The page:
Some people worry themselves to death.

Nothing good comes from worry. If we are the worrying type we break the cycle with distraction or escape which just covers over the anxiety for a while.

People train themselves to worry about stuff. Over a life time it becomes addictive and debilitating. They have psychotic episodes, are driven to drugs and drink, become abusive to self and others.

Usually it all traces back to early development where someone didn't teach them coping skills, one of which is when to just_let_go.

posted on Jun, 9 2016 @ 09:05 AM
a reply to: 0hlord

Hi Ohlord.. Your you tube window does not work sometimes those with a double = will not transfer.. The link works fine thanks.. Will insert a short working heart vid. ( Not sure about the God bit ) Peace..

Hi tommo39 and thanks for the thread..

posted on Jun, 9 2016 @ 09:13 AM
a reply to: tommo39

Some people just need to learn to RELAX. This has nothing to do with broken hearts, and everything to do with unnecessary stress and anxiety. Deep breaths... Ohmmmmmmmmmmmm...

As one who has beat the odds and survived a major heart attack (100% occlusion of the LAD, i.e. widowmaker heart attack) I understand the importance of learning to live healthier, including mental health issues like stress management.

posted on Jun, 9 2016 @ 09:22 AM
a reply to: skywatcher44

Hi skywather, thanks for the anatomy lesson

Teal Swans video is really in depth and interesting.. you wont learn how to perform Colinary Bypass but you will learn about the role the heart plays in functions outside of the heart.

posted on Jun, 9 2016 @ 12:44 PM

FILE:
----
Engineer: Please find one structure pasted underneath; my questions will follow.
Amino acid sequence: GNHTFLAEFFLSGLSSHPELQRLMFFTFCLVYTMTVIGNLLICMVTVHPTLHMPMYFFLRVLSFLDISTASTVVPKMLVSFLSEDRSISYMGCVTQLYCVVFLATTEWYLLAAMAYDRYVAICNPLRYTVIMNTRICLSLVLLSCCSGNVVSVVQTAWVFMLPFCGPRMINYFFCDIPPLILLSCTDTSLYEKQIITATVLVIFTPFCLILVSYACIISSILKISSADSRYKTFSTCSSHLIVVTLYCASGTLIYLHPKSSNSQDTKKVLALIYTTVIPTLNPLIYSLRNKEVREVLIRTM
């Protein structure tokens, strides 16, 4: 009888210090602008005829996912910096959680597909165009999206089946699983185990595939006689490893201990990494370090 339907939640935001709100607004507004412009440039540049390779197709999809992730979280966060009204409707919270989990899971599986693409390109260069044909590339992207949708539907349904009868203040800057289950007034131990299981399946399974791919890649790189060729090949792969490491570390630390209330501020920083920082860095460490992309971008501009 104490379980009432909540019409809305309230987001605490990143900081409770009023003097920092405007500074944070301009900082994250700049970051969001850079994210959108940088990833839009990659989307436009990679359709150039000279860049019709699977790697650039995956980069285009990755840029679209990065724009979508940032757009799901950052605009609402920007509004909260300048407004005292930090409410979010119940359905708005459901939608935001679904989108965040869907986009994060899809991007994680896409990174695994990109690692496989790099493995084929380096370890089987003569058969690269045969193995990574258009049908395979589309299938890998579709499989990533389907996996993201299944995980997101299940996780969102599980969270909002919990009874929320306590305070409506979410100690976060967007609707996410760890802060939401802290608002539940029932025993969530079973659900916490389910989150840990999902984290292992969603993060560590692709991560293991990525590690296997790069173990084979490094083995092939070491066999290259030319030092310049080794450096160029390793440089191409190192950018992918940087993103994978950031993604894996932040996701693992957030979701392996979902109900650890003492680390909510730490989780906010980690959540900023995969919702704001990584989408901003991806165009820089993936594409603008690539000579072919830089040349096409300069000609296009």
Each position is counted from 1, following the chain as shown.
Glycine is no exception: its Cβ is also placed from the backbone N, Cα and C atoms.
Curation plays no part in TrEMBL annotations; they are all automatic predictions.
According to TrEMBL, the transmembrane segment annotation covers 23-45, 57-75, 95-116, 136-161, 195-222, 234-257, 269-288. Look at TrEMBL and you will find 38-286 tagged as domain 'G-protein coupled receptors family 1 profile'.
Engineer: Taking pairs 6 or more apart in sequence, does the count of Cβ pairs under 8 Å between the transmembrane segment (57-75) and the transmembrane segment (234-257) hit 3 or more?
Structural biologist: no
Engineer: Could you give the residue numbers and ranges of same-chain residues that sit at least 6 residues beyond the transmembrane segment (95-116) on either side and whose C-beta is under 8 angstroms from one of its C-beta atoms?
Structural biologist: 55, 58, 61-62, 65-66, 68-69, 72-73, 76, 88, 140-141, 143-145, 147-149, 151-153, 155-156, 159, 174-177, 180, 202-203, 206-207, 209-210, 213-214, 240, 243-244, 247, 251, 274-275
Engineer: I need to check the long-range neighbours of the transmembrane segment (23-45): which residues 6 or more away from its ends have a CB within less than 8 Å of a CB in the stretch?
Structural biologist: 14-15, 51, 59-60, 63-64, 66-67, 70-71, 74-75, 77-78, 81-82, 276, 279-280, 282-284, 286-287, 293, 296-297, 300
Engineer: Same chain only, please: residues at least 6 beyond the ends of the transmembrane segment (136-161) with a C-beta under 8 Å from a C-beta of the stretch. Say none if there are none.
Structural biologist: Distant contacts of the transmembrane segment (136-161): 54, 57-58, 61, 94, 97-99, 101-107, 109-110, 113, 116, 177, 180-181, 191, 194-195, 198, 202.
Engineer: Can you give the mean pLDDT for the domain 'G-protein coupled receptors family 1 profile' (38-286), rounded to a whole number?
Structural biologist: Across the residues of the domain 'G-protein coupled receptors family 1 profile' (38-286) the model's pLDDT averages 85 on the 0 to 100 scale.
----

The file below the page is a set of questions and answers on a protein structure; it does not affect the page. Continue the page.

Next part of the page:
I am a firm believer that it is possible to die of a broken heart.

My Grandfather passed away when I was 14, he had liver cancer and it was found much to late.
Him and my Grandmother had been married for 60+ years, and had been through everything together ( war, children, running and losing and rebuilding the family farm, his disabilities from the war, ect, you name it they dealt with it together).

They were so in love, always. I remember thinking that to myself when I was old enough to comprehend stuff like that. They weren't just married, and happy, they were each others happiness.

about 6 weeks after my Gpa passed my Gma followed. I remember sitting in the hospital with her, and listening to her talk ( we don't know why she passed, just that it was going to happen and that she most likely wouldn't make it through the night) She said, don't be upset, it's a fact of life, and she knew that as soon as Gpa left, she wouldn't be far behind, he always did give her such a hard time if he had to wait too long on her, so she took care of what needed to be taken care of so he wouldn't complain too much about it.

The docs said that it was just old age and her heart just gave out.

I know she missed him terribly, we all did, but her the most. This was the first time in 60+ years that their connection had been broken. He was the reason she was here, and she was his reason to keep going.

If there was ever proof of soulmates it was those 2.

Scientifically stress does some strange things to the body, and wearing it out and tearing it down is just a couple.